26 July 2017
Policy changes needed to keep optimism on the up
Canberra businesses are currently feeling positive about their potential for growth according to the latest Deloitte SME Survey, but the jurisdiction’s costly workers compensation premiums and failure of the ACT Government’s procurement policy to fully support local industry participation are risks to future expansion.
Canberra Business Chamber has partnered with Deloitte to undertake six-monthly surveys of local businesses to develop a time series of business sentiment.
Today they released findings from the third survey in this series.
Businesses who took part in the survey represented all sectors, business size and came from across the ACT.
“What businesses told us is they are optimistic that in the next 12 months their revenue and staff numbers will increase,” Canberra Business Chamber CEO, Robyn Hendry revealed.
Over two-thirds of respondents believe their revenue, employment, or both will grow in the coming year.
“The ACT currently has the second lowest unemployment rate in the country, but this week we saw our weakening jobs market blamed for the Territory falling one place in national economic rankings,” Ms Hendry said. “Therefore, it is great to see businesses still seeing the potential for jobs growth.”
Diversifying goods or services, incorporating online sales, efficiency gains, and expansion into new markets are all expected to play a role in future success.
“Around 60 per cent of respondents already sell goods or services outside the ACT, which shows how well our business sector already performs on the national and international stage,” Ms Hendry said. “It was gratifying to learn that local businesses are continuing to seek out new opportunities. Nearly 50 per cent of businesses plan to diversify further into Australia and 30 per cent seek to export.”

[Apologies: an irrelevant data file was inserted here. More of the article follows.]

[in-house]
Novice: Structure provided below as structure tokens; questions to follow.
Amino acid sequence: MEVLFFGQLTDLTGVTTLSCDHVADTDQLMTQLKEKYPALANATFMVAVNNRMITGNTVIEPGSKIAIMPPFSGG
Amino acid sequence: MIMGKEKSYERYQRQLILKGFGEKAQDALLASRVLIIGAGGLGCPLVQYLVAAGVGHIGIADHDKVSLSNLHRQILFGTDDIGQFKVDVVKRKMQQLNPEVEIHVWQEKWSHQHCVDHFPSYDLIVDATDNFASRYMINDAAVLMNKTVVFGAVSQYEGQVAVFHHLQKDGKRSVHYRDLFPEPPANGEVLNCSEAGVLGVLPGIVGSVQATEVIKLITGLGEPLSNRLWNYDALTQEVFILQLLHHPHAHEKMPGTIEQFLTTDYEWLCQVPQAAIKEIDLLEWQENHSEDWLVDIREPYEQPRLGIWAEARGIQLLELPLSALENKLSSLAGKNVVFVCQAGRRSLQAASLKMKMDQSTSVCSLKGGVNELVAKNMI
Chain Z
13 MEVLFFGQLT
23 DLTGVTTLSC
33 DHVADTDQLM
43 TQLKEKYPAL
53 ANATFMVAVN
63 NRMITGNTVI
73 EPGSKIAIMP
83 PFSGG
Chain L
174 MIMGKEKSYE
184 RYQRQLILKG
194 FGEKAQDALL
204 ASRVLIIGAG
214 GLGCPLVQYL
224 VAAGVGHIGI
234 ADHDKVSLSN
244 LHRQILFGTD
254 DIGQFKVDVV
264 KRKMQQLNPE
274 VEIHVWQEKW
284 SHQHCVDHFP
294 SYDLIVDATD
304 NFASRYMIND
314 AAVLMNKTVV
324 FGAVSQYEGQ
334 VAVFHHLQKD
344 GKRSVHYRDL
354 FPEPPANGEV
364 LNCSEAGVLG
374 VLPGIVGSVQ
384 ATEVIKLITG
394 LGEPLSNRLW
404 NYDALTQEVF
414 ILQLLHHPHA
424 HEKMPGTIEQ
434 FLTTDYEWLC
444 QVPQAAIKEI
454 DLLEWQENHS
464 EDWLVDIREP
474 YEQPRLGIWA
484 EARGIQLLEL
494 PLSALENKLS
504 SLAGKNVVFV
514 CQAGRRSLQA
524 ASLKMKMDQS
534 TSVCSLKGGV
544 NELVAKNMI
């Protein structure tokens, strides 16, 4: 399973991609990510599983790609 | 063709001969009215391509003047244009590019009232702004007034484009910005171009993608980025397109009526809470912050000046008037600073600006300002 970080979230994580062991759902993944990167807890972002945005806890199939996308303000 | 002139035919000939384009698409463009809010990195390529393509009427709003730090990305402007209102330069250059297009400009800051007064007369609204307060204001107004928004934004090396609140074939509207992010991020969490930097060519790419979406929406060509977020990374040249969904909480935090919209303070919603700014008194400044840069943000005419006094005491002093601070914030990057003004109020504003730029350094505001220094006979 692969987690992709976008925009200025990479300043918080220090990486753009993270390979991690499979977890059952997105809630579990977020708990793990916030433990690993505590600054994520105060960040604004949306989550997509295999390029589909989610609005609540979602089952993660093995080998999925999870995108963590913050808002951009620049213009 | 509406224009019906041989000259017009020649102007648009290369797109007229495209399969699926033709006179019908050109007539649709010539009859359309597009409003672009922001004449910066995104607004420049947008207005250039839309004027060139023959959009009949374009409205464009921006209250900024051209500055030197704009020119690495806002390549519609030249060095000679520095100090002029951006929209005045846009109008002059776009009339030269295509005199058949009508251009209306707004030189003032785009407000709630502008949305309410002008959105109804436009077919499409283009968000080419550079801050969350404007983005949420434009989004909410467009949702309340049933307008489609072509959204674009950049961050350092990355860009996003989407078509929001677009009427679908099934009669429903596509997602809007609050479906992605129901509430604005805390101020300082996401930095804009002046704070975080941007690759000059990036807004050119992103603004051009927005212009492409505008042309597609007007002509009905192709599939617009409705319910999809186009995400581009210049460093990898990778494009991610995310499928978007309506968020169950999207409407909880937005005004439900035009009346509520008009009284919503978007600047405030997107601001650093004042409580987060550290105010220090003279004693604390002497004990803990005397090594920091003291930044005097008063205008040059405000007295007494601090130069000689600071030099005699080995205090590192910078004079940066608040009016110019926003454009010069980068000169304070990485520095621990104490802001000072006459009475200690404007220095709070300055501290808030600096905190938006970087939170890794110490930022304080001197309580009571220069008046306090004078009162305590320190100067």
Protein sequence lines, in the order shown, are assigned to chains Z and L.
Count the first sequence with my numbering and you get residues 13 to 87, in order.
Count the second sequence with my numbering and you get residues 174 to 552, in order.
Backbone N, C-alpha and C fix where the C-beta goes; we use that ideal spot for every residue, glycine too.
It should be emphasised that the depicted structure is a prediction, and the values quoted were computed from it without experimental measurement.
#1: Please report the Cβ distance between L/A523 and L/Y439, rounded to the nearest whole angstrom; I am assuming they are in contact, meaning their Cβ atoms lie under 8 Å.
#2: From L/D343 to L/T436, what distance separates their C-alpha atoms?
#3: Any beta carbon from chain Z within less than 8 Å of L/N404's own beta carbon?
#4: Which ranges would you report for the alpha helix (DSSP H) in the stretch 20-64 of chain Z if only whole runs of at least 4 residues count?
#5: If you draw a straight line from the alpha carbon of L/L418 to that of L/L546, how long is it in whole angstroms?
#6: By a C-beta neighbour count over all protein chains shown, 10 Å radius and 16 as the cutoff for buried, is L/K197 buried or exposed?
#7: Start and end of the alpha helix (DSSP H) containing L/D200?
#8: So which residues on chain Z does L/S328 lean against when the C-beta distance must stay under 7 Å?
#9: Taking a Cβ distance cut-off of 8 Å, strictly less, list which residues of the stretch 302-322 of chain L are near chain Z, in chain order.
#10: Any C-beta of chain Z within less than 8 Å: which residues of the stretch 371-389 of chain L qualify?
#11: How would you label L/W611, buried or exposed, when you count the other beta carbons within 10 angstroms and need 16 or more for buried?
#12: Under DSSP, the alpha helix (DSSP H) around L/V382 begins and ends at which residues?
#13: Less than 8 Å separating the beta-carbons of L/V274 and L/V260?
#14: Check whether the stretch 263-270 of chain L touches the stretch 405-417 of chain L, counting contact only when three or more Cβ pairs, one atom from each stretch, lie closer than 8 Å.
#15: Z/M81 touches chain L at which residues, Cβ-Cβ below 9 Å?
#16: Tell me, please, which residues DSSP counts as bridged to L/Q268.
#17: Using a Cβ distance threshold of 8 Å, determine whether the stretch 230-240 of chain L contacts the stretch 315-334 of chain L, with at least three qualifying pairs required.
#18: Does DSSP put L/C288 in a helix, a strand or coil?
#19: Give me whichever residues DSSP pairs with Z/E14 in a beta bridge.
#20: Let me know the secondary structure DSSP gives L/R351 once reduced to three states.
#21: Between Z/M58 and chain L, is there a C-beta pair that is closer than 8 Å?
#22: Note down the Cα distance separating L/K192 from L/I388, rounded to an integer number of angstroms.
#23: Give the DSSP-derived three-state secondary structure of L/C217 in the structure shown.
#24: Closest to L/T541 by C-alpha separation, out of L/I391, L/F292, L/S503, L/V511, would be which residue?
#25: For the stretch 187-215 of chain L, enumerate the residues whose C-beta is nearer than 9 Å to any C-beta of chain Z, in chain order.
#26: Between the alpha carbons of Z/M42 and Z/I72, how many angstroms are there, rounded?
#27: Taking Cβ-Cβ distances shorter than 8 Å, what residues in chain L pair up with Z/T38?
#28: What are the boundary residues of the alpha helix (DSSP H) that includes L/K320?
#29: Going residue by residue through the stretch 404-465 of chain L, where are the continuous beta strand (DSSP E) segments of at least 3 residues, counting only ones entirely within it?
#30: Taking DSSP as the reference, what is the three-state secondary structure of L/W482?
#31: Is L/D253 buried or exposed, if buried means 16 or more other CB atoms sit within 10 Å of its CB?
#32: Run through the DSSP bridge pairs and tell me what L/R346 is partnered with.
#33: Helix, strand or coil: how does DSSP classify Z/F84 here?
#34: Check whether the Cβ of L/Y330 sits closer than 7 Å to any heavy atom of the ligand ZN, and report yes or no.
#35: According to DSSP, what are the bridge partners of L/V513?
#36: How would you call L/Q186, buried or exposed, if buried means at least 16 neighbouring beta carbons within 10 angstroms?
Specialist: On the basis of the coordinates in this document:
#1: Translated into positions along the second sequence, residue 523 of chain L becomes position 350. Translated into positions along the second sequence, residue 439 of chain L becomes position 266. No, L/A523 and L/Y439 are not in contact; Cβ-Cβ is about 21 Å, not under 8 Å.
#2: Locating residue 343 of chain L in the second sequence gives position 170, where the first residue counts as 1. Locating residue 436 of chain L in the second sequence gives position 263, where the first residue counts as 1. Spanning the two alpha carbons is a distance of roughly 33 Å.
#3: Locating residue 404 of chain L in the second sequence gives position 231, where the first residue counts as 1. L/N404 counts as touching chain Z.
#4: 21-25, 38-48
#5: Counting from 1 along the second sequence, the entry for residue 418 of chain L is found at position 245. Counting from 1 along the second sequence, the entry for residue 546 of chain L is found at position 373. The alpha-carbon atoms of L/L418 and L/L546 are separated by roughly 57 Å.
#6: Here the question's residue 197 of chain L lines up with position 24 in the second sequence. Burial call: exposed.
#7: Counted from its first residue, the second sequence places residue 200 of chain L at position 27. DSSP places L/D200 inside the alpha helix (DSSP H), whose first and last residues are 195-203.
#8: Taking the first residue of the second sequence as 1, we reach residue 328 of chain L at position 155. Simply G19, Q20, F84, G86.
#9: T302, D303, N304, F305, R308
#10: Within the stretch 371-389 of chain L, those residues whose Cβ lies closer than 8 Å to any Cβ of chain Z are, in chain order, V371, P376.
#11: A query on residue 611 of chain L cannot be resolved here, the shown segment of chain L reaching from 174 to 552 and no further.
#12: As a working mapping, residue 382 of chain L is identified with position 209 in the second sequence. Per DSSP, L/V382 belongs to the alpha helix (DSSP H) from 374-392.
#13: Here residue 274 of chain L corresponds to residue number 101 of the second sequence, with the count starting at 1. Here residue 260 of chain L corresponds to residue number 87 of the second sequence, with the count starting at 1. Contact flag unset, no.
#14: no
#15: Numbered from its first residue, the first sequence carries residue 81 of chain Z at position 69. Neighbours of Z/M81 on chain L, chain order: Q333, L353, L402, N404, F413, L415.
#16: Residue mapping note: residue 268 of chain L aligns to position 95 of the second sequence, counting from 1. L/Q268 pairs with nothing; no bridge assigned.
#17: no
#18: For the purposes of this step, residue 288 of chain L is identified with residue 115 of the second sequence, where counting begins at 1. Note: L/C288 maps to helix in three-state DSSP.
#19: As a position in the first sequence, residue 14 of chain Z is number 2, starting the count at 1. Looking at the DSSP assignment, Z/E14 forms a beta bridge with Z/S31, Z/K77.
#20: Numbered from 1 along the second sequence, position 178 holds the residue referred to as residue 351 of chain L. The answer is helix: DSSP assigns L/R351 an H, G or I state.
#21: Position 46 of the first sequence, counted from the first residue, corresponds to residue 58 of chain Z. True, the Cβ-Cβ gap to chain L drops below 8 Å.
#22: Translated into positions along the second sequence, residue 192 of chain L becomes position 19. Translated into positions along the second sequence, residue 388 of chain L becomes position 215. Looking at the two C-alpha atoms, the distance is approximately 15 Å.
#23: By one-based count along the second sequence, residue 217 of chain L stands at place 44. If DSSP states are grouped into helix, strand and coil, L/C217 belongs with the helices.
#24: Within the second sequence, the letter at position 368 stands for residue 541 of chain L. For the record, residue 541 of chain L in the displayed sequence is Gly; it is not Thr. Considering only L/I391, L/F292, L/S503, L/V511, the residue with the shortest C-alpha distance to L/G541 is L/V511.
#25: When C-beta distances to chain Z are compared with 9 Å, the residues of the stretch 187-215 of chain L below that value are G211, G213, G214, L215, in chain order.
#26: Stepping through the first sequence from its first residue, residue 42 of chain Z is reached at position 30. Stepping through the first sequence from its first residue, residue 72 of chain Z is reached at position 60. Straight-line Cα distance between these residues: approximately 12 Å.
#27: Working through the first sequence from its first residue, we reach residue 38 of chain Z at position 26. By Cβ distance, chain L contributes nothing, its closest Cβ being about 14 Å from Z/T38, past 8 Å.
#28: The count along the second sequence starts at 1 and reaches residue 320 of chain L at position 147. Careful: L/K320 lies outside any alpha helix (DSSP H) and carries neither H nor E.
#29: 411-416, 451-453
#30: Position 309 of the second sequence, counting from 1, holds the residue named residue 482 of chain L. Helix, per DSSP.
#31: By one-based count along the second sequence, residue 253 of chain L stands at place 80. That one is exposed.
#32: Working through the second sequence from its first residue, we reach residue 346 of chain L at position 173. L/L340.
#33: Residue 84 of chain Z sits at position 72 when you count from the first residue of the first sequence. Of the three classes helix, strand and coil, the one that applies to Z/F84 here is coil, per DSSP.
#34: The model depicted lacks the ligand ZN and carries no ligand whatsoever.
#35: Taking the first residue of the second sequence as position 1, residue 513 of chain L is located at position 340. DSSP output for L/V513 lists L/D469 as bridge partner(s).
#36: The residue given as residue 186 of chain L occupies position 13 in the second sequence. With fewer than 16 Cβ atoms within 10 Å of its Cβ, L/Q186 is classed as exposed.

While feeling confident about their own business, respondents remain less optimistic about economic conditions in the ACT and Australia. In fact, 42 per cent of respondents anticipate economic conditions will hinder their capacity to expand.
“In particular, respondents raised the ACT’s workers compensation and procurement policies,” Ms Hendry said.
“Canberra businesses have told us for a number of years they feel overlooked when it comes to the awarding of ACT Government contracts. We actually held meetings this week with businesses who recently lost ACT Government contracts to national firms and with the Local Industry Advocate, Kate Lundy to discuss this issue.
“The Chamber wants to ensure our competitive, skilled ACT companies are given a fair chance to secure government work. We are calling on the ACT Government and the Local Industry Advocate to do more to ensure ACT businesses have a real chance when tendering for contracts.”
One survey respondent indicated that the cost of workers compensation in the ACT is actually putting their business viability at risk.
Another stated: “Workers’ compensation insurance should be underwritten and regulated by the ACT government as it is in NSW. ACT companies have a huge disadvantage when competing against companies that come in from other states who have workers’ compensation premiums nearly half that of companies from the ACT.”
According to the 2016 Safework Australia report Comparison of workers’ compensation schemes in Australia and New Zealand, the ACT has the third most expensive workers’ compensation premiums as a percentage of payroll in Australia. ACT premiums are over 20 per cent greater than in NSW.
“These high rates put ACT businesses at a distinct disadvantage when competing with others, especially firms just over the border,” Ms Hendry said.
Based on the results of the survey, Canberra Business Chamber will continue focusing on workforce issues, particularly ensuring the ACT does not face skills shortages in the future.
Compared to the private sector in other states, survey participants said ACT businesses must compete with high public service salaries when looking for staff and this impacts on capacity to attract skilled employees from within the local market.
“Respondents indicated that when they face difficulties getting skilled staff, part of the problem is that the skillset is not available in the ACT or people don’t have enough experience,” Ms Hendry said.
“We have been pushing for better business and tertiary education integration to provide more opportunities for work integrated learning for people studying in the ACT and to match education courses with local business needs.
“Our goal is to encourage more people to study in the ACT, to stay here and work when they graduate, and identify and address potential skills gaps before they arise.”
Media Contact: Robyn Hendry, CEO Canberra Business Chamber 0418 462 151